Rudder thoughts
From the designer’s statement, the Q400 was designed to be ‘helm-neutral’ past 10 degrees of lean, i.e. it was specifically designed to NOT be an edge-turning kayak; the point was to keep it directionally stable in confused seas. So it’s not surprising that it doesn’t respond to edging. I’m not crazy about the toe-pilot thingies on the smart track rudder system, and may swap them out for pivoting footbraces or gas pedals - but I do use the rudder to turn the boat to follow twisty shorelines, and it works quite well for that.

You can read a portion of the design statement here:

My wife uses the 400X with rudder
exclusively (when she paddles the 400X, she always used the rudder). She’s quite pleased with the 400X and the rudder controls. She has different paddling experience and different objectives than I do.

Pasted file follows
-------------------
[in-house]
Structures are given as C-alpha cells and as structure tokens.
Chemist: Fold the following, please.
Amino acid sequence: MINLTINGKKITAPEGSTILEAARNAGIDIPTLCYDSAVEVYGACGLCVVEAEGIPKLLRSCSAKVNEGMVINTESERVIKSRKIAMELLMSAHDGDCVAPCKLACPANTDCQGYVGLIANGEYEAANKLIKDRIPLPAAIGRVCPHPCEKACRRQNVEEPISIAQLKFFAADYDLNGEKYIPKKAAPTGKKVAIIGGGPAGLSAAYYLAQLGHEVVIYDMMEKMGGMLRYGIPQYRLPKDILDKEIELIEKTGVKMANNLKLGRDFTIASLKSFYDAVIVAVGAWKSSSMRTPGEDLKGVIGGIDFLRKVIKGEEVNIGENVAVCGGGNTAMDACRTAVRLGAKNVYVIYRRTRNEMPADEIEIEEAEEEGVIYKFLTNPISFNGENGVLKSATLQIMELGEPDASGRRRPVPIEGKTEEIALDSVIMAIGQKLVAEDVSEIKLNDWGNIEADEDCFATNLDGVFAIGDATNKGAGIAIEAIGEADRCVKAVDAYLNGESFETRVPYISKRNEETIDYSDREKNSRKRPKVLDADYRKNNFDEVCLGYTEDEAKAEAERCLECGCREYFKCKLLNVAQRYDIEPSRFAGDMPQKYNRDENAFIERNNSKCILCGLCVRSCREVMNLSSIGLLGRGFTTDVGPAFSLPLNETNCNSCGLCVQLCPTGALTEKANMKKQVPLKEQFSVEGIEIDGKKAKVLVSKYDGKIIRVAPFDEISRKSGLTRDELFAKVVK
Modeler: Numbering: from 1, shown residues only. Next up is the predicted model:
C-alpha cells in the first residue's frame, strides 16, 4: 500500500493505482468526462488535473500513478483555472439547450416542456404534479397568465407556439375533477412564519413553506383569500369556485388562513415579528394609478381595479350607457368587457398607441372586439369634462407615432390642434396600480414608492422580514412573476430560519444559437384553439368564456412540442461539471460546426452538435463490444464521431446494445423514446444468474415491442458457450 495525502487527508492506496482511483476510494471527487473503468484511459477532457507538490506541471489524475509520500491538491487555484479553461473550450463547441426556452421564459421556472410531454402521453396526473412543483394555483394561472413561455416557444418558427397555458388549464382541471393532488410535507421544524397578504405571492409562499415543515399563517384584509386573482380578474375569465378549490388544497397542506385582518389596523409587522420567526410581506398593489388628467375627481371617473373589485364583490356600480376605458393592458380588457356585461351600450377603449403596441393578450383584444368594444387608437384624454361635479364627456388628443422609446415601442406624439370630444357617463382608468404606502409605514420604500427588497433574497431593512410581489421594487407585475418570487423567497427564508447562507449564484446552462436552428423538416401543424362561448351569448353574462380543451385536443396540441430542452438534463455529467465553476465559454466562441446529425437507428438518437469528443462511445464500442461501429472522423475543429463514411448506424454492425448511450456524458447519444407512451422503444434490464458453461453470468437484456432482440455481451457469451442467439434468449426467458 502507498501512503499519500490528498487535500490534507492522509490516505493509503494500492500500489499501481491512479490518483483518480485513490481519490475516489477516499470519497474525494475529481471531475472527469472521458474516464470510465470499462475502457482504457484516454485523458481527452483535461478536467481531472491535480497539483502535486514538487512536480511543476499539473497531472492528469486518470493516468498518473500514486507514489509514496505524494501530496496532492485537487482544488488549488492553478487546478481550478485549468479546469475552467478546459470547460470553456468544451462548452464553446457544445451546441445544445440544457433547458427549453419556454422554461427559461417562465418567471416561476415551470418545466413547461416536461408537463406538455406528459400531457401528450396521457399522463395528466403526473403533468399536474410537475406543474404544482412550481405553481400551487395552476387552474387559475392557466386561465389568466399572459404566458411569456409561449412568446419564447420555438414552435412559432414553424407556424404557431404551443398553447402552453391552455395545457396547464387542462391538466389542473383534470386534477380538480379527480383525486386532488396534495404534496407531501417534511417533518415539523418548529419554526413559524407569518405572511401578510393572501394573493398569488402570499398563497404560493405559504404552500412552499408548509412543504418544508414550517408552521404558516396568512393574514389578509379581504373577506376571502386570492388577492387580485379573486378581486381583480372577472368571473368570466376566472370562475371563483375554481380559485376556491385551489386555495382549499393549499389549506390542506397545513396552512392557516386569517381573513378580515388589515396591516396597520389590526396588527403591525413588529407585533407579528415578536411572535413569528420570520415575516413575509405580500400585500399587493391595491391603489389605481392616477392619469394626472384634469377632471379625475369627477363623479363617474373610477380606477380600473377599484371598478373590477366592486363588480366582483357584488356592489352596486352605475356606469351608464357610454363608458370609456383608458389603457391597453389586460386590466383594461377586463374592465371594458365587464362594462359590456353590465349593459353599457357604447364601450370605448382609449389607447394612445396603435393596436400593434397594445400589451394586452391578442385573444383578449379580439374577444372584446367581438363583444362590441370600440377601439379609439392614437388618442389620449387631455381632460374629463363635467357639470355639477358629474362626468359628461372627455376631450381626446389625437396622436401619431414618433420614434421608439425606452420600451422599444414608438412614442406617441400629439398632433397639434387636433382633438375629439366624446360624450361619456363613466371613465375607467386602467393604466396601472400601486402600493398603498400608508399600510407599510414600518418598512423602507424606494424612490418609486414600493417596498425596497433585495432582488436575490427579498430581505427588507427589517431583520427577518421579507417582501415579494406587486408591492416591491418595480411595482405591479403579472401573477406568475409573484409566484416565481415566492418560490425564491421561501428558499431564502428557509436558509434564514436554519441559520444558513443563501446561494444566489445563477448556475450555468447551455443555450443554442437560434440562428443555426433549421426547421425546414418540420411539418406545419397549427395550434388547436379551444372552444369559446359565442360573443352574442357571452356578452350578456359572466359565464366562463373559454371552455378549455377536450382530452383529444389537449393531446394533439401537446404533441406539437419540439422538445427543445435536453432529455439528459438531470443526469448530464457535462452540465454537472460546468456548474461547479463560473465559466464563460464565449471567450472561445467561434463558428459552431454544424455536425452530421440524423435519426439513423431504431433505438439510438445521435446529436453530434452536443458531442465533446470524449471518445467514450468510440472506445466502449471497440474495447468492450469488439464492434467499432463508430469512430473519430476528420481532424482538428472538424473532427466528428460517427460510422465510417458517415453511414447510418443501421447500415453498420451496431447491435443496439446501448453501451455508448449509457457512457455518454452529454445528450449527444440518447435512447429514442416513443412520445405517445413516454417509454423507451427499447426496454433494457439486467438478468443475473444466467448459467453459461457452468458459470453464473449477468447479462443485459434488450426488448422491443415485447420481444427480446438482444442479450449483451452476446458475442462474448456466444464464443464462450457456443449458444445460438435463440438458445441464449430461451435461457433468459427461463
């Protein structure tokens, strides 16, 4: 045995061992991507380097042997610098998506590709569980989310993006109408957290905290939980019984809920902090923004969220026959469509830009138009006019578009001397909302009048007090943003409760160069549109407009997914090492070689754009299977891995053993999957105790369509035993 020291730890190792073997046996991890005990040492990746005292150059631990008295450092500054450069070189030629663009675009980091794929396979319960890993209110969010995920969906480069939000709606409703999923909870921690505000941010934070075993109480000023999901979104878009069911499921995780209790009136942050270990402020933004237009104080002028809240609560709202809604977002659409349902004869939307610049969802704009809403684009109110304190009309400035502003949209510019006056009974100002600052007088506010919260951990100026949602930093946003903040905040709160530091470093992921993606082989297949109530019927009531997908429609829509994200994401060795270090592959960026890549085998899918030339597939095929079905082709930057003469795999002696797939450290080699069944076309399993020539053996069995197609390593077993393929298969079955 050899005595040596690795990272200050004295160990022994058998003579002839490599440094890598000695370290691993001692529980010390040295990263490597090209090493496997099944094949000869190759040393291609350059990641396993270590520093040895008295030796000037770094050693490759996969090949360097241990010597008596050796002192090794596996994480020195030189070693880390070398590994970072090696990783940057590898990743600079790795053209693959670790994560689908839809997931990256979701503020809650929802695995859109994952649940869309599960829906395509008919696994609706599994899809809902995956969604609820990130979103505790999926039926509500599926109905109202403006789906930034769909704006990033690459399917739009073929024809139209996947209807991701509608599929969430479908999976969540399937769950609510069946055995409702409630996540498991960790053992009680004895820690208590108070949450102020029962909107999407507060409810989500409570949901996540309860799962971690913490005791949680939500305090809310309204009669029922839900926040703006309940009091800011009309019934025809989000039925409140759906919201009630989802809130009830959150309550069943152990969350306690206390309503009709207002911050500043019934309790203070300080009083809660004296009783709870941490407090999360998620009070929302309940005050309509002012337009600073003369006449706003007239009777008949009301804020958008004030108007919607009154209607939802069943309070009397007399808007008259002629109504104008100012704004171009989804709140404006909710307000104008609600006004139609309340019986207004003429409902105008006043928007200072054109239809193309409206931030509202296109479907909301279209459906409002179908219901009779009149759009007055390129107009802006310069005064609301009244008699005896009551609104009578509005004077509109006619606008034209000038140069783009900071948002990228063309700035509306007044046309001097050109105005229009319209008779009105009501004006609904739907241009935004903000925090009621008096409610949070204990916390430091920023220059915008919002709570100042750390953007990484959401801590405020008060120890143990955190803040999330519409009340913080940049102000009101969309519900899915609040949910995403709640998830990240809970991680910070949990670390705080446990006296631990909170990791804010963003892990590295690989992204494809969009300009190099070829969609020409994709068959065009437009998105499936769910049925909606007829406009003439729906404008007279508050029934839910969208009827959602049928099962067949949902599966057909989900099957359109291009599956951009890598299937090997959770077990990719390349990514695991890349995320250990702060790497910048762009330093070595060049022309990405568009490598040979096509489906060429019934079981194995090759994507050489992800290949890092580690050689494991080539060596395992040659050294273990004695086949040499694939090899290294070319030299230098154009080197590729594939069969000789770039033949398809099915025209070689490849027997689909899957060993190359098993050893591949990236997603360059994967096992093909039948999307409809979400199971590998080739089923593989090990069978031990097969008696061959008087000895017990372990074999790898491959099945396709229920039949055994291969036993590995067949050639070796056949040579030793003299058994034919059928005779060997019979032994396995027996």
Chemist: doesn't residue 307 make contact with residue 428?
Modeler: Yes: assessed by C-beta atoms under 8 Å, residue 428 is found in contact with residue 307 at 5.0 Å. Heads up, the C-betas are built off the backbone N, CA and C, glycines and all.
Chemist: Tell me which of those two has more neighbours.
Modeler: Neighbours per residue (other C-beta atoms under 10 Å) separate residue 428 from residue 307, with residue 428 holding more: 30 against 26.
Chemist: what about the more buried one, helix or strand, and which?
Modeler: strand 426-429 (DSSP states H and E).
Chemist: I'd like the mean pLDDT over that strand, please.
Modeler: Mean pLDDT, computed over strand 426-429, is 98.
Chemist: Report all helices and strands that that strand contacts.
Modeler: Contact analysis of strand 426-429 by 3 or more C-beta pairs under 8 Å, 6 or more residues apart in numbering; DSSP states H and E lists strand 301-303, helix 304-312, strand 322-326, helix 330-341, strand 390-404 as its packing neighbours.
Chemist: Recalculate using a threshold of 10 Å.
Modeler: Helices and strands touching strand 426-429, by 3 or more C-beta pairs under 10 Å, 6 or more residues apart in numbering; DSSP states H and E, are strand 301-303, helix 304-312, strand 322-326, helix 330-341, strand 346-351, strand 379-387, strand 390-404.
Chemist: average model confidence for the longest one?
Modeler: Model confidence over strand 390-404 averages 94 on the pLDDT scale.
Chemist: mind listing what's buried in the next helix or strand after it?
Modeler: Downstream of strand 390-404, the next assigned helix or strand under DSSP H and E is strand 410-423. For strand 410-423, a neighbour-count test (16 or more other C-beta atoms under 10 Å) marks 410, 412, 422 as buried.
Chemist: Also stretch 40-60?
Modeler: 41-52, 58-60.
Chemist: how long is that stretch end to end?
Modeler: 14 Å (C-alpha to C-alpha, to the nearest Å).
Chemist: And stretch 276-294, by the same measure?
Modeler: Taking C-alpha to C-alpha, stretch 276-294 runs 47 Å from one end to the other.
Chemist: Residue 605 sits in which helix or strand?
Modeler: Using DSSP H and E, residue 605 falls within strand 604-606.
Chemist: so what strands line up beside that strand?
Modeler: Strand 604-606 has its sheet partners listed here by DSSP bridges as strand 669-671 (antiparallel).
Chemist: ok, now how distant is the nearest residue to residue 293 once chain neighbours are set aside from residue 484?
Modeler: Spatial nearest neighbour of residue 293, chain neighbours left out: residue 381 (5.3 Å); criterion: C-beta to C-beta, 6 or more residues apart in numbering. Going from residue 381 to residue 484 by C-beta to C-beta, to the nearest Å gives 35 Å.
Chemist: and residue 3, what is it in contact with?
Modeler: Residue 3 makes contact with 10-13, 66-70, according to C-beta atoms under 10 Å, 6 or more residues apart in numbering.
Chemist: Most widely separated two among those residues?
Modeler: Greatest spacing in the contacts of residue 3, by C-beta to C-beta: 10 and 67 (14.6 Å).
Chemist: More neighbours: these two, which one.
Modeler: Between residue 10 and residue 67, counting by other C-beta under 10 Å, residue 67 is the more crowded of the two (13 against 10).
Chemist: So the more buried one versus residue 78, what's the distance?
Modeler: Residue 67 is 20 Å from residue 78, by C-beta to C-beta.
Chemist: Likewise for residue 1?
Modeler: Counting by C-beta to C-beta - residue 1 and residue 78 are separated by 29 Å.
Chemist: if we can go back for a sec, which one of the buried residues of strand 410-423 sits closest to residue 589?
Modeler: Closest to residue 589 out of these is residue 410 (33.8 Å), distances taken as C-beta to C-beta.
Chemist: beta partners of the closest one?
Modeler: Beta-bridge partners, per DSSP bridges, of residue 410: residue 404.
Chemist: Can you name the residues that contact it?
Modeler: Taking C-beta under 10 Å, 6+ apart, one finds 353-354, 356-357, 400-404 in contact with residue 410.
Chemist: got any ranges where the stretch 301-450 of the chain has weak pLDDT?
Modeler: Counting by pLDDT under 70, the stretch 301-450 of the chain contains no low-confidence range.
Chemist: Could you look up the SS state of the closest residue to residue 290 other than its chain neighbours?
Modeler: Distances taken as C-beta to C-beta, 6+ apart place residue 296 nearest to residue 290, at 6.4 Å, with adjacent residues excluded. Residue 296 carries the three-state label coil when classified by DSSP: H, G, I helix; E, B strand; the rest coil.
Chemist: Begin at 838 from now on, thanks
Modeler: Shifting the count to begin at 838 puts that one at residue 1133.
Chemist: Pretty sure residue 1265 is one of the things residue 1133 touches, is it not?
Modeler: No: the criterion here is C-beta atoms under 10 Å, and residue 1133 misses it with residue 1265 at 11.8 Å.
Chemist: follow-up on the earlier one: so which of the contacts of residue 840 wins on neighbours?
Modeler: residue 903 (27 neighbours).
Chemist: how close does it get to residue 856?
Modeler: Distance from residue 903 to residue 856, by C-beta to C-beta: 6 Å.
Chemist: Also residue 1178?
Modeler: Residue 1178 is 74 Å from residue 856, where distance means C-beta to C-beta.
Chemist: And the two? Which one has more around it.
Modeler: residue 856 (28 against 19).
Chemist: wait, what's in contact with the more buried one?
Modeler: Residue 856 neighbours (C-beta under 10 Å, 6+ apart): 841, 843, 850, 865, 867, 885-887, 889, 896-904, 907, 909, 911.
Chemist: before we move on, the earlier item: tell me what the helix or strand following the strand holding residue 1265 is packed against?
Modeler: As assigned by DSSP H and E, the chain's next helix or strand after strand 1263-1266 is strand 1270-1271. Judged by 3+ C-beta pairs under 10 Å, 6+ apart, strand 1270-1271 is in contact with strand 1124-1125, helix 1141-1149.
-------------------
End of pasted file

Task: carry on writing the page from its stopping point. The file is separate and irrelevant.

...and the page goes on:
The 400X does seem to perform very well in wind and chop with the rudder deployed. I had less trouble crossing a lake with some pretty good chop and beam winds than my more competent paddling partner in his Valley Aquanaut. I seemed to be using much less effort to stay on course than he did.

The 400X is a very stable, efficient and roomy kayak, it’s just not “playful” as I perceive “playful”. It’s definitely more maneuverable than some boats and less maneuverable than some boats.

Zephyr 155

– Last Updated: Jul-02-12 2:14 PM EST –

While it does not meet my weight criteria, the Zephyr 155 might meet my need as a day boat replacing my Naut lv. Test paddle planned.

I do not like a suggestion received privately to consider the Alchemy. Too me too much of a specific playboat that more effort needed to go straight.